“The use of lead in renewable energy storage (wind and solar), the expansion of cellular networks in developing countries, and hybrid electric vehicles represents growing demand for this versatile and recyclable metal.”
A Promising Future
Lead is the most recycled metal on the planet. In fact, more than 99 percent of lead batteries are recycled in North America and Europe primarily as a result of the closed-loop supply chain and the intrinsic value that spent lead batteries retain. Their lead can be recycled and returned to its main purpose infinitely. The plastic casings are also recycled and reused as are nearly all materials used to build this highly efficient and affordable energy storage device.
But not everyone agrees that the battery of the past will meet the needs of the future. Other battery chemistries using often more expensive metals (such as lithium, cobalt and rare earth minerals) are competing to be the preferred energy storage for electric vehicles, home emergency power, and other motive and stationary uses. In most cases, these other battery chemistries cannot be economically recycled when they are no longer suitable for their original use. For example, less than 1 percent of lithium is recycled. This creates a glut of spent or partially spent batteries (primarily lithium batteries) that are being stored in warehouses or refitted for other, temporary uses.
Conversely, affordable lead batteries are produced, recycled and manufactured over and over again. The industry is working to advance the understanding of this quiet workhorse and help establish industry standards for battery manufacturing and recycling, so that society can use and reuse its natural resources in the most economical fashion possible. Learn more about how batteries are made and recycled here.
Next-Generation Lead Batteries
Lead’s high density, durability in punishing climates and untapped energy potential are some of the reasons researchers are exploring next-generation lead-based batteries. Some of this research is taking place here in Missouri at Missouri University of Science and Technology (Missouri S&T) in Rolla.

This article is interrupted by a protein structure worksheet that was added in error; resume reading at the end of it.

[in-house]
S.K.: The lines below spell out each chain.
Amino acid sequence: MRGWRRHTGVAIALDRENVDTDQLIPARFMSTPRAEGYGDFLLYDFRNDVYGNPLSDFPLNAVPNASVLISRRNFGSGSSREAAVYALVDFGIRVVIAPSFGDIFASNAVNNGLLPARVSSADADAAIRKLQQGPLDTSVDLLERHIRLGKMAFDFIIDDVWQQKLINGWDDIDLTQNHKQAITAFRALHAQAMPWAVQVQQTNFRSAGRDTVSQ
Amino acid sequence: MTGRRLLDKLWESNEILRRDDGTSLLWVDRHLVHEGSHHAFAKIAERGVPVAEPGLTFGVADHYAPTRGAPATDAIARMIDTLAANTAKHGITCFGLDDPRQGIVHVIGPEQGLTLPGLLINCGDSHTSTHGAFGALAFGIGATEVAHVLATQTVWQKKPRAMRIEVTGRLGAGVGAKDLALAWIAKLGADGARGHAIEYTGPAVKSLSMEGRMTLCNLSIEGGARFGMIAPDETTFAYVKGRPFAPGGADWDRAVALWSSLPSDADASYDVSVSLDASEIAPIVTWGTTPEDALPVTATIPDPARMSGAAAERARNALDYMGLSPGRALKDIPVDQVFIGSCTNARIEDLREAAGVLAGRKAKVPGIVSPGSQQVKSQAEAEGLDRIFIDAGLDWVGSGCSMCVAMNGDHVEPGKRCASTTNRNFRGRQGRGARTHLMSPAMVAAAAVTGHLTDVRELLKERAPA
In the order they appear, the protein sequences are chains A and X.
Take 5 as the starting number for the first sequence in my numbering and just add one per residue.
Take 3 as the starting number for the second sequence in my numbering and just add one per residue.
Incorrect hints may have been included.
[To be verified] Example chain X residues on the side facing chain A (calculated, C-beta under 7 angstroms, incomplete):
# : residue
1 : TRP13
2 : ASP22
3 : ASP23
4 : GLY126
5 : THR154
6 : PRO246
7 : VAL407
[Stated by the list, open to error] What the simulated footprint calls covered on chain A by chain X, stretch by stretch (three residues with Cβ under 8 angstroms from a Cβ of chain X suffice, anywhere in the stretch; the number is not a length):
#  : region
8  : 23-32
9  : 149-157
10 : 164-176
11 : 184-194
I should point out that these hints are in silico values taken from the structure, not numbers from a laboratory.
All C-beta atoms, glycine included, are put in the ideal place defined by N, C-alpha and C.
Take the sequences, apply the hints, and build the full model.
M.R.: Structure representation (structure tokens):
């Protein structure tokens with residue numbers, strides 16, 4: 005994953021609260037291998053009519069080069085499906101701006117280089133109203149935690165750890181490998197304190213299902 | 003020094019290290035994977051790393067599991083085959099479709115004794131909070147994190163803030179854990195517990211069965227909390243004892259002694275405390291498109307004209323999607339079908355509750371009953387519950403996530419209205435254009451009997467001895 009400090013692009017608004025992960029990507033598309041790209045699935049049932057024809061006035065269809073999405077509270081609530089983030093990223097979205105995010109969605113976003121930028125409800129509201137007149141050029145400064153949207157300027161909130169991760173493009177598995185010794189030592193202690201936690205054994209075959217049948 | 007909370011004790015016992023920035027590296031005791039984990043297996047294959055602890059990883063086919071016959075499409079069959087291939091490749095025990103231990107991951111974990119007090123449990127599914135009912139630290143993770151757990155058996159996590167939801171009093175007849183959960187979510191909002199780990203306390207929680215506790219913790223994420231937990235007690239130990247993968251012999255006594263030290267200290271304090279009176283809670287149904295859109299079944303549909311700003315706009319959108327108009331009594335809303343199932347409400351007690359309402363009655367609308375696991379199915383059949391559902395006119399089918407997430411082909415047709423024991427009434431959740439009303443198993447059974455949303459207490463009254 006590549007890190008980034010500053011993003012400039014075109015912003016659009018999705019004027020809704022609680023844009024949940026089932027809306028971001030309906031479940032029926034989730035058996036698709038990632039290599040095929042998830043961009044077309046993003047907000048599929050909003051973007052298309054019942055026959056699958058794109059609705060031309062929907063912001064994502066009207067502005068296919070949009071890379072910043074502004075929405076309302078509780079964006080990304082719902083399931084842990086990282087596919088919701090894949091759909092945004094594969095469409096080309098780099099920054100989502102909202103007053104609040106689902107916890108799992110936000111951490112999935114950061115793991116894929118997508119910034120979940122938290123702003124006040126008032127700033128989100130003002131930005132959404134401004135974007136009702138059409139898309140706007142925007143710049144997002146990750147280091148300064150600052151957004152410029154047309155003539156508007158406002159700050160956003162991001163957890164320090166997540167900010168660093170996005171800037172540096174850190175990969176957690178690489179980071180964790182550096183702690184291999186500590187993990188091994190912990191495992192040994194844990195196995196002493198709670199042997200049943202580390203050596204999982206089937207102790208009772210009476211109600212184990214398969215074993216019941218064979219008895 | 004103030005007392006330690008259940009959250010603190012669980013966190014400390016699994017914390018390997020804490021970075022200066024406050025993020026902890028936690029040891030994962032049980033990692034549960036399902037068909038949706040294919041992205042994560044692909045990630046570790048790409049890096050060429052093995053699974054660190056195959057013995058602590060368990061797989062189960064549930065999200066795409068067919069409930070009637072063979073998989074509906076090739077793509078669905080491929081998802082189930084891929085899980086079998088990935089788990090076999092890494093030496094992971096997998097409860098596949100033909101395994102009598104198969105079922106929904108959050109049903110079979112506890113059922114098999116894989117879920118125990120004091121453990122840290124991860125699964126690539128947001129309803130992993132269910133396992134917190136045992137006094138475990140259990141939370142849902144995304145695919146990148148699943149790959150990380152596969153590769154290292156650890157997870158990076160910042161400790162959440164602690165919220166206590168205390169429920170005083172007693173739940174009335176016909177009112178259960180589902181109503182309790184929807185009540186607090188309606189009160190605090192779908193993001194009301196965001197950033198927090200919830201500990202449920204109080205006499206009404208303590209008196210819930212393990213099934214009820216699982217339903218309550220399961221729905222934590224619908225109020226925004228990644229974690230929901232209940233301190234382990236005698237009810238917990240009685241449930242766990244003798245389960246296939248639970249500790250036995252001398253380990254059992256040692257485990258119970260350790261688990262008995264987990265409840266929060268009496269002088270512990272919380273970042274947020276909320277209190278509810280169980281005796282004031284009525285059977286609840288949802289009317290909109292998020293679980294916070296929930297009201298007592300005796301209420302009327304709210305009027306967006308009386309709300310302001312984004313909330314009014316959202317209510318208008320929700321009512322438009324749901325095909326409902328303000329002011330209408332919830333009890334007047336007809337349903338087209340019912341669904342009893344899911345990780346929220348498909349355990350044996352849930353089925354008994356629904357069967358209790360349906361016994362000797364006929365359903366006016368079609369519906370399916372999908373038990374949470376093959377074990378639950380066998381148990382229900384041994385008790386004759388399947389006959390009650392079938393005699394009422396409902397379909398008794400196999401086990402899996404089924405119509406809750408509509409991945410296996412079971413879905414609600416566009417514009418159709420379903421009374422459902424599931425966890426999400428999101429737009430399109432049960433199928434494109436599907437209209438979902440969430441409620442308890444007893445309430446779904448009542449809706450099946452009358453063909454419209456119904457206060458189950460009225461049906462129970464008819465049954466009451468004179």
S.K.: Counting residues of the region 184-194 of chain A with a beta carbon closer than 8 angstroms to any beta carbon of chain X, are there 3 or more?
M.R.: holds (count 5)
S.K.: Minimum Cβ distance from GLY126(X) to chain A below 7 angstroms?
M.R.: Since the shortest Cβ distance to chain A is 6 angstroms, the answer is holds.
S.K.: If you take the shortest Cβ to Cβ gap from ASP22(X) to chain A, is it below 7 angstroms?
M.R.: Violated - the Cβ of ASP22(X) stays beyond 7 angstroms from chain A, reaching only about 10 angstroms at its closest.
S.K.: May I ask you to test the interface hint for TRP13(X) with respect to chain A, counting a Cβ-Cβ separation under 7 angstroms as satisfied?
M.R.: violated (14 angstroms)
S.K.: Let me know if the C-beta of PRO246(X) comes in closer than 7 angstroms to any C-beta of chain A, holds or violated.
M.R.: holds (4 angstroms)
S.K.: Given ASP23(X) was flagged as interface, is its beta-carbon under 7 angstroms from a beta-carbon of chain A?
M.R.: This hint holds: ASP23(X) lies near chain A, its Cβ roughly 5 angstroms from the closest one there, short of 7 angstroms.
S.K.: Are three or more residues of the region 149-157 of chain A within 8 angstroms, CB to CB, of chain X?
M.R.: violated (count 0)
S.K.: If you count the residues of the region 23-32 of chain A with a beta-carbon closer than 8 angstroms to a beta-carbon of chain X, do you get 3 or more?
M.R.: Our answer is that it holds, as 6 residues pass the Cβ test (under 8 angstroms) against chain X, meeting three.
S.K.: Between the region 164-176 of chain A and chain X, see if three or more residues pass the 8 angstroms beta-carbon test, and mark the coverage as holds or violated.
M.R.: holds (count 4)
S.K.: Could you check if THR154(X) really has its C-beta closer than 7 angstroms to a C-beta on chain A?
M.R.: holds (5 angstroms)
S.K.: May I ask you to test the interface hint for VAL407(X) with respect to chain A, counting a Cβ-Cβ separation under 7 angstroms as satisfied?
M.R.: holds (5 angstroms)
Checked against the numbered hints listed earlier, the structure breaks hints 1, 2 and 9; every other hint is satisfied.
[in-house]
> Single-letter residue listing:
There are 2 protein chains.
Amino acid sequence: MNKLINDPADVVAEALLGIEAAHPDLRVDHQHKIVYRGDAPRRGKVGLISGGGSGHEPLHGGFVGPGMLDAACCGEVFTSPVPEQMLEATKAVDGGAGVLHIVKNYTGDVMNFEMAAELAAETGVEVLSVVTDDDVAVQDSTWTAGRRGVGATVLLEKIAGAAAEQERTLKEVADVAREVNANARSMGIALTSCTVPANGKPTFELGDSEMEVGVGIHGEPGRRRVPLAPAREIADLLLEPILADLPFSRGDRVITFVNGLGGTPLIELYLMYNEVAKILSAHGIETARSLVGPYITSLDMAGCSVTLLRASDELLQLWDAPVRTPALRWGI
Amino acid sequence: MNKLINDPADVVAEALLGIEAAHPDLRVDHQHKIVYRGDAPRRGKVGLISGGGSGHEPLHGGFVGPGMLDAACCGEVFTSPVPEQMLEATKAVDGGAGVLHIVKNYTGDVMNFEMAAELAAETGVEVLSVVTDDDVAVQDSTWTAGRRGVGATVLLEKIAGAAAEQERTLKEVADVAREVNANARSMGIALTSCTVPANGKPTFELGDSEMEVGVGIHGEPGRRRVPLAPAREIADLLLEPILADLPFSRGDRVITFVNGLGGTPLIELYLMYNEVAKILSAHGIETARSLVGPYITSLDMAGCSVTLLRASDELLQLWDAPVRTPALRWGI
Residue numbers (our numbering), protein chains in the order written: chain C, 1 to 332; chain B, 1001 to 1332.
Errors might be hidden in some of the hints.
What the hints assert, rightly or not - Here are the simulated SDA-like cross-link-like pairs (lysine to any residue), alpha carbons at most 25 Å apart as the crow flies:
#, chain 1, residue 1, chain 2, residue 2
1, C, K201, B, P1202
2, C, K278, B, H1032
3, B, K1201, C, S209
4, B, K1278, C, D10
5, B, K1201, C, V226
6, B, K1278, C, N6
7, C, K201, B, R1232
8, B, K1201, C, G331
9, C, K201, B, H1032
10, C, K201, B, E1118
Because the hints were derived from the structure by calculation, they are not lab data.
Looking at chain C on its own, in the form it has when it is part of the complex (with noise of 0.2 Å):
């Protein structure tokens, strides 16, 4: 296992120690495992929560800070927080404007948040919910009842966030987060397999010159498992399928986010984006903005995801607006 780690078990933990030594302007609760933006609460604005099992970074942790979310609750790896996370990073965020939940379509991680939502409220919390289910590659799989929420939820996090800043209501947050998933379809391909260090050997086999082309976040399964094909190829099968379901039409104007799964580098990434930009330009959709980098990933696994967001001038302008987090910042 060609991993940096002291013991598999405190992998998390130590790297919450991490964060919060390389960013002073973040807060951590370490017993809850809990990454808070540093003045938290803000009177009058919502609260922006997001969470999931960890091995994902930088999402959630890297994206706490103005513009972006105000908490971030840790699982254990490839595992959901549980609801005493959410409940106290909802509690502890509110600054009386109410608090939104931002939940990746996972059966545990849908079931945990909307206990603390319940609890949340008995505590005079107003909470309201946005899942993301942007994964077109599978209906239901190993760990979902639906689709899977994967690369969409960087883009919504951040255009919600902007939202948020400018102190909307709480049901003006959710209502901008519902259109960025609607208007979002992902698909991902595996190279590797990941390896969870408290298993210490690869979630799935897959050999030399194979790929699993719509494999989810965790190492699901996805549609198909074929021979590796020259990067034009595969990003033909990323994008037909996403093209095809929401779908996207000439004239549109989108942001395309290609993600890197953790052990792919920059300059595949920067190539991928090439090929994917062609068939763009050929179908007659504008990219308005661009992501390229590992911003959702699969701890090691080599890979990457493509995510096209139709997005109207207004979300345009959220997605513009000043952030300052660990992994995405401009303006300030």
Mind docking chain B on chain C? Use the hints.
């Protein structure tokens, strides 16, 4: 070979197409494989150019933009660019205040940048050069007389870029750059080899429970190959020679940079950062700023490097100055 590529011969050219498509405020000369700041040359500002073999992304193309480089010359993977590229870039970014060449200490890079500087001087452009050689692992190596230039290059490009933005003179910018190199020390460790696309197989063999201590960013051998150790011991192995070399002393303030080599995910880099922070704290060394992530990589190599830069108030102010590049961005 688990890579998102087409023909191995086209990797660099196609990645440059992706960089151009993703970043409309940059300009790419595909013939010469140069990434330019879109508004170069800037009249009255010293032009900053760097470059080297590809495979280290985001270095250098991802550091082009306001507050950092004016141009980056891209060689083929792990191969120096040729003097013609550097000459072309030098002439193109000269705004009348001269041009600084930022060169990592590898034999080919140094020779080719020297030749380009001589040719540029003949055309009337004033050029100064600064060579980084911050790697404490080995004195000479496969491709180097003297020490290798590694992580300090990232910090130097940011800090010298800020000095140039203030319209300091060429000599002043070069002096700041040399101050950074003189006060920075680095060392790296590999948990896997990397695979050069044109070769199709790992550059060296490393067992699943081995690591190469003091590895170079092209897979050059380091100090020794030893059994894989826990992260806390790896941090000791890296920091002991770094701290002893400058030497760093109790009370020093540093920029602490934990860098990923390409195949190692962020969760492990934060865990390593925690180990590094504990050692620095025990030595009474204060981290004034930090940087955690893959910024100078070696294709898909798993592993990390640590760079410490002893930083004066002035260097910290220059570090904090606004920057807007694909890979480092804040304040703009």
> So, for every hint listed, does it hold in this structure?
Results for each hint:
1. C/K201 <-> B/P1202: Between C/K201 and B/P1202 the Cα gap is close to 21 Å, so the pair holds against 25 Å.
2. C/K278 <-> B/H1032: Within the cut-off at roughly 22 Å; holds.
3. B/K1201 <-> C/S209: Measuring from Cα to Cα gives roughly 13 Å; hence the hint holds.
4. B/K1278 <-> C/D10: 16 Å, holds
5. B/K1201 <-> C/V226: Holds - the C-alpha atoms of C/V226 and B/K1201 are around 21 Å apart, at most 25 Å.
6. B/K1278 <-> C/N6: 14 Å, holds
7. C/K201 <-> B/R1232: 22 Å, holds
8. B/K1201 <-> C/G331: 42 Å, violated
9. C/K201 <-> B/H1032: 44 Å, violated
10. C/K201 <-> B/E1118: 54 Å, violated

“Missouri S&T is exploring the future of energy storage, electric grid stability and the application of renewable energy for a more sustainable energy future,” said Angie Rolufs, Director of the Center for Sustainability, Missouri S&T. “Doe Run participates in and supports this research through its membership on Missouri S&T’s Microgrid Consortium and its research projects, including the design, management and measurement of the efficacy of lead-based battery energy storage and deployment in a small, multi-use campus community.”
Around the world, the Advanced Lead Acid Battery Consortium (ALABC), of which Doe Run is a member, is researching methods to improve lead battery performance and lifespan for micro-hybrid vehicles and renewable energy storage. For example, recent ALABC vehicle demonstrations with Ford, Hyundai and Kia have shown that 48-volt lead batteries in micro-hybrid applications can result in fuel savings and carbon dioxide reductions of up to 16 percent. Advanced lead batteries are helping car manufacturers meet increasingly stringent standards for fuel consumption and emissions around the world.
The ALABC and its partners plan more than $4 million in research projects with universities, national laboratories and members from across the globe during its current program period.
“While the outlook for lead in the long term remains strong, fluctuations in metals pricing caused by social, political and economic influences are apt to continue to keep things interesting,” said Jose Hansen, vice president sales and marketing at Doe Run.
Doe Run’s business also is impacted by the global market for other metals found in its mines. Read more about the market performance and everyday uses of zinc here.